UWP Serial Port Missing Bytes, Bytes Written Windows IoT

Whilst writing a PCX format, 1 bit per pixel (1bpp) byte array to a serial port FTDI USB serial adapter using WinRT/UWP, on a Laptop (using for developing before deploying to RPi2), it kept failing to work correctly. The serial port was going to the RS232 input of a Zebra Thermal printer, the PCX representing a bitmap to print. The code below was used to push the byte array through to the serial port, after failing to find any answers on line and eliminating other possibilities, a logic analyser on the serial port uncovered the issue. The bye array was not complete.  

public async Task Print(byte[] bytesTosend)
using (DataWriter dataWriteObject = new DataWriter(serialPort.OutputStream))
await WriteBytesAsync(dataWriteObject, bytesTosend);
if (dataWriteObject != null)

public async Task WriteBytesAsync(DataWriter dataWriteObject, byte[] bytesTosend)
Task<UInt32> storeAsyncTask;
int offset = 0;
int buffersize = bytesTosend.Length;
//if (buffersize > 1000) { buffersize = 1000; }
byte[] sendBuffer = new byte[buffersize];
System.Buffer.BlockCopy(bytesTosend, offset, sendBuffer, 0, buffersize);
storeAsyncTask = dataWriteObject.StoreAsync().AsTask();
UInt32 bytesWritten = await storeAsyncTask;
offset += buffersize;
} while (offset < bytesTosend.Length);

Running the code in debug and looking at the length of the byte array, compared to the bytes sent, the problem is clear to see. The image is 200x200 pixels, so at 1bpp this is 200/8 bytes wide * 200 rows = 5000 bytes.

Indeed the byte array is 5000 bytes to send, but wait look at how many bytes have actually been sent, 4096 bytes! Somewhere four bytes have gone missing, thus the printer is awaiting the complete image and does not print.

 Byte writing code showing the debug values

There seems to be no way to flush the buffer or any other methods on the DataWriter that could be used to force these extra bytes out, anyway the missing bytes might not necessarily from the end of the array. There is a FlushAsync method, however that returns a “not implemented” exception – gotta love coding on this platform…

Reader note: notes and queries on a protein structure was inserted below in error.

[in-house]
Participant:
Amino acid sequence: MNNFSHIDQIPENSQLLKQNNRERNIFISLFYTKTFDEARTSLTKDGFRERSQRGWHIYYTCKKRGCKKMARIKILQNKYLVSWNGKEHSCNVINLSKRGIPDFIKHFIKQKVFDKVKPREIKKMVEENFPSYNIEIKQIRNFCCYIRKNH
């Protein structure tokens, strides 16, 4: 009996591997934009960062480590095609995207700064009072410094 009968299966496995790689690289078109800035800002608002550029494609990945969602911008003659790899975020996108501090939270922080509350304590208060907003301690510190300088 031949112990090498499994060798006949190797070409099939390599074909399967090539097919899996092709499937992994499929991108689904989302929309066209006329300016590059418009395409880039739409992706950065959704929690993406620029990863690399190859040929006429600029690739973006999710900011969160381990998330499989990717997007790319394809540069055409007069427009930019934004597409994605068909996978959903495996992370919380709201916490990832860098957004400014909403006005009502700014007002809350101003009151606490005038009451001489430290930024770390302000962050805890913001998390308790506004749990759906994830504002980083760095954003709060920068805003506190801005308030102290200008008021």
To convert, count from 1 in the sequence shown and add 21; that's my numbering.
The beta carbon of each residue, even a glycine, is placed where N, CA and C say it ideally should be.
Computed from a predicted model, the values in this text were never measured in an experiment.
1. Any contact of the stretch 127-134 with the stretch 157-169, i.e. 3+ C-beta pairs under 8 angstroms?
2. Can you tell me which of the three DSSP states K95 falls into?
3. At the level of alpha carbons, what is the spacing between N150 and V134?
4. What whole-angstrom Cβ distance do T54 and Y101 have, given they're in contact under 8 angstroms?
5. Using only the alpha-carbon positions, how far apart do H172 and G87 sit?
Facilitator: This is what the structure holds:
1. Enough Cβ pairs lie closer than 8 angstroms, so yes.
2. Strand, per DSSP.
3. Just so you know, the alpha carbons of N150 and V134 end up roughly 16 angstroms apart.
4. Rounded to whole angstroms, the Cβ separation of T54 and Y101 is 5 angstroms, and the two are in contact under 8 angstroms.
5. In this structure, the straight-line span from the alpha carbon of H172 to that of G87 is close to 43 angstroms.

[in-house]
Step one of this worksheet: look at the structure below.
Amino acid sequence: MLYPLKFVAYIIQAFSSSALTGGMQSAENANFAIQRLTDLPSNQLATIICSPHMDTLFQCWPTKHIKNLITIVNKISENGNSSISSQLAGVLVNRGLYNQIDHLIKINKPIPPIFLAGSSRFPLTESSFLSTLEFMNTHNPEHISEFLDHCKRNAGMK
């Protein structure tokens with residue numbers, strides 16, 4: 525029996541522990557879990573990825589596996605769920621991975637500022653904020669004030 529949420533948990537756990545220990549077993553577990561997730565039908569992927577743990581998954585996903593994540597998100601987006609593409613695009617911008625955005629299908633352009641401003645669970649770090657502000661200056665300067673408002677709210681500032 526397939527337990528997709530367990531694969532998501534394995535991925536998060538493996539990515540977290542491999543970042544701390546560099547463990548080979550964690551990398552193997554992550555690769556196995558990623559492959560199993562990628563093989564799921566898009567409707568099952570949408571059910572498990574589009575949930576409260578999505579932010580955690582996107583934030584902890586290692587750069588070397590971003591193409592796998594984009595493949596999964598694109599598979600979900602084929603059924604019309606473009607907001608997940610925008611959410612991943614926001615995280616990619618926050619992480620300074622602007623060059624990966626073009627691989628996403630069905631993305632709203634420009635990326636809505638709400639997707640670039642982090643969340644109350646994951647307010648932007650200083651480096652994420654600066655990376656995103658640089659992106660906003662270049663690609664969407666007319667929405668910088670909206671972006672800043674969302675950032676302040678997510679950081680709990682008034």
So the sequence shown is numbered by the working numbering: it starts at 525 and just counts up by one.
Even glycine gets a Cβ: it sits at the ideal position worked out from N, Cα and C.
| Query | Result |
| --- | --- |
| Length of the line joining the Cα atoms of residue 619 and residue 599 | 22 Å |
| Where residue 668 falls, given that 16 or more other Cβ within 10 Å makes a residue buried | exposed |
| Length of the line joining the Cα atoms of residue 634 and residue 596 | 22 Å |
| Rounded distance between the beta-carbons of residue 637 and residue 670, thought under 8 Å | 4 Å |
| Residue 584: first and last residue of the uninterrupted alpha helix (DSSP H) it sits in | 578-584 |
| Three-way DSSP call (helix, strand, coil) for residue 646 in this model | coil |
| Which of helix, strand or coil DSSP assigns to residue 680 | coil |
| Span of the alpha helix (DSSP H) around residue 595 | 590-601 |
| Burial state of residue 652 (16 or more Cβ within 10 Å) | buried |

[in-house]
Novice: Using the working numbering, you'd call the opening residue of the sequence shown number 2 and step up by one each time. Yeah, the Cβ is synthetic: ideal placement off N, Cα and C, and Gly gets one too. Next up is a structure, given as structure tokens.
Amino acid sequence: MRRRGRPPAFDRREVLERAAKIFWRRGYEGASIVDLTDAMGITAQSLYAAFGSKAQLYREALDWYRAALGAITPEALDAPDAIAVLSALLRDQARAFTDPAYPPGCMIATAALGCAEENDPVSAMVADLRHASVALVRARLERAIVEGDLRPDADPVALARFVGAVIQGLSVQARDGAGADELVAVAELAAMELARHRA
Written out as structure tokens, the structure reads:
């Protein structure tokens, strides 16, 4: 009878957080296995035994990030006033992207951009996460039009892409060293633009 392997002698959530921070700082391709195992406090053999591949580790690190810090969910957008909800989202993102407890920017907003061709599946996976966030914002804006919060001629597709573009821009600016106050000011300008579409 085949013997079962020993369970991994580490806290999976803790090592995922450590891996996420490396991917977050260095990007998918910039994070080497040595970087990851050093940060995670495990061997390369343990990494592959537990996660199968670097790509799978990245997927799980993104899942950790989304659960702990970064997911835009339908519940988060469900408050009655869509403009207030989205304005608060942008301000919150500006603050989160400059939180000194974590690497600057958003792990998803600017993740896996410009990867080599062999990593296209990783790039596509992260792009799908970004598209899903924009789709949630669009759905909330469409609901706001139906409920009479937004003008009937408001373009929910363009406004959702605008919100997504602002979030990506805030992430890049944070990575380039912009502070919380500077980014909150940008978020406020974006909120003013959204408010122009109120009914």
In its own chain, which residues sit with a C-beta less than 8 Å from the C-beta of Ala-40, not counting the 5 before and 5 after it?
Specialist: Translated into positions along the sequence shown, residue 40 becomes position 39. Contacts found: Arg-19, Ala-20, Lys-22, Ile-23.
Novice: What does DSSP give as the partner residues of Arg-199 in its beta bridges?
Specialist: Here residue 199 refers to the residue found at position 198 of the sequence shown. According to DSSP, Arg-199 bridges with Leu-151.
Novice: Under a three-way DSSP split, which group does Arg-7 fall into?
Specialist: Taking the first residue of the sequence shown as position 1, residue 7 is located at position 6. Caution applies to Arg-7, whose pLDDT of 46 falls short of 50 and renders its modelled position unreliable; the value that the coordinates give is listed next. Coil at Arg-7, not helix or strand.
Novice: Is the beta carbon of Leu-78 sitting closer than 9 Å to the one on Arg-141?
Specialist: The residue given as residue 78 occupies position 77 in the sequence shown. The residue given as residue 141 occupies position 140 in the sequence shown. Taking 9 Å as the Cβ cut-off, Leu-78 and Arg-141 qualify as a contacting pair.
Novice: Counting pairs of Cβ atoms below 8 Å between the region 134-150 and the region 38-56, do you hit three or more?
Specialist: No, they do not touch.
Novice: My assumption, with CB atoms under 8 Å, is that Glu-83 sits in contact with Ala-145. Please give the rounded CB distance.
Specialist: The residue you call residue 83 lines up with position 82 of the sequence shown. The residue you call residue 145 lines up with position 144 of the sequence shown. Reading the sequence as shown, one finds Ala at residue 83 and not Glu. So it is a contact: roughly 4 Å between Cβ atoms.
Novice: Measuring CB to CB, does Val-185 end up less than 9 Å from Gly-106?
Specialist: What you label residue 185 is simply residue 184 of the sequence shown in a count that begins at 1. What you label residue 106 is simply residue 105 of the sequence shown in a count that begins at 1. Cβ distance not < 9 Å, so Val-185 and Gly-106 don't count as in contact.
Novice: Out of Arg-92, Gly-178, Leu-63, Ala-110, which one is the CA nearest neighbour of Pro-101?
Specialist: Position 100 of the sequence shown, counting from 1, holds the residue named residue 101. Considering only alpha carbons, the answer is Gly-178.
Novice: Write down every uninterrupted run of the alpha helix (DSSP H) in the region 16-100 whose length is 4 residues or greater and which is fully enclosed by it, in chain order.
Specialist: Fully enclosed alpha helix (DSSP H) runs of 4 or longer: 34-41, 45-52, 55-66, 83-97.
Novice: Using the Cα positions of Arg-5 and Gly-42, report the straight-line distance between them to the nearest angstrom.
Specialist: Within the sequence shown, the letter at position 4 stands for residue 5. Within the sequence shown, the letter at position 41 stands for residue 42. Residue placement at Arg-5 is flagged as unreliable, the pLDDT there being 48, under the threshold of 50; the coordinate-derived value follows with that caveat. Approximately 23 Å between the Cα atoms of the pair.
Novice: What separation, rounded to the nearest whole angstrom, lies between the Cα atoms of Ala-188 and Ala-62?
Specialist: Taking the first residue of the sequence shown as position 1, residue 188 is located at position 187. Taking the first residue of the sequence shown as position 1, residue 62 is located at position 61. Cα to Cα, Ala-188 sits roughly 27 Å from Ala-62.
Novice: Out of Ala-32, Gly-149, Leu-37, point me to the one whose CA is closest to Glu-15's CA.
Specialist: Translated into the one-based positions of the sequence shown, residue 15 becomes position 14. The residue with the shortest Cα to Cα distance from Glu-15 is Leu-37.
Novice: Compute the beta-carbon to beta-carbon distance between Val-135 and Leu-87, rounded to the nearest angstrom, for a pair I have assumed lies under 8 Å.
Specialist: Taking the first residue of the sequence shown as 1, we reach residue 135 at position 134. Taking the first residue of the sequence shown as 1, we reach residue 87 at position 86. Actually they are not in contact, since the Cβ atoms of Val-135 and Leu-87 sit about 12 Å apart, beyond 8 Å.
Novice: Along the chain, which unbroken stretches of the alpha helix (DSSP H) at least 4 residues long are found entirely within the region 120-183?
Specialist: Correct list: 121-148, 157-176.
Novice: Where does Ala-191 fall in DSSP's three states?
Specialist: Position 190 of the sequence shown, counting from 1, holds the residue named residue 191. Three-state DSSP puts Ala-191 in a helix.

So perhaps by gut says this is actually some kind of serial buffer overflow problem. Some support to this theory is that writing low numbers of bytes to the serial port works just fine.


Fixing serial port write on UWP application missing bytes

MakerFaire is in three weeks time so a solution is needed quick, not time to raise with Microsoft. As smaller writes works, and my suspicion is a buffer overflow, the solution is to uncomment the commented out line in the code above. This will break any byte array larger than one thousand bytes into chunks and send them one chunk at a time.

Running the code worked, printing the image perfectly every time.

This seems to be how it is in the world of Windows IoT and UWP at the moment, if feels like the first couple of years of the first versions of .NET all over again!

Serial Port null from SerialDevice.FromIdAsync(dis[0].Id) with windows UWP & FTDI adapter

Whilst on a laptop the following code fails whereas it is working on the RPi2. The serial port is provided by a USB to serial adapter, a USB FTDI adapter.
var aqsFilter = SerialDevice.GetDeviceSelector();
var dis = await DeviceInformation.FindAllAsync(aqsFilter);
serialPort = await SerialDevice.FromIdAsync(dis[0].Id);
serialPort is null when a break point is put after the last line, but is correct when running the RPi2.
I updated the driver in device manager for the adapter, but it still failed. After following several other posts on the internet and failing I then, after an hour or so discovered the following stack overflow post:
The key was to also update the USB Serial Converter as well as the COM driver. Do this by uninstalling the driver after right clicking it. Make certain that  the check box is selected to delete the driver.
USB Serial Converter
Scan for hardware changes will then install an updated driver that allows the serial port to be found by ID.
So running the original code it now finds the serial port as expected.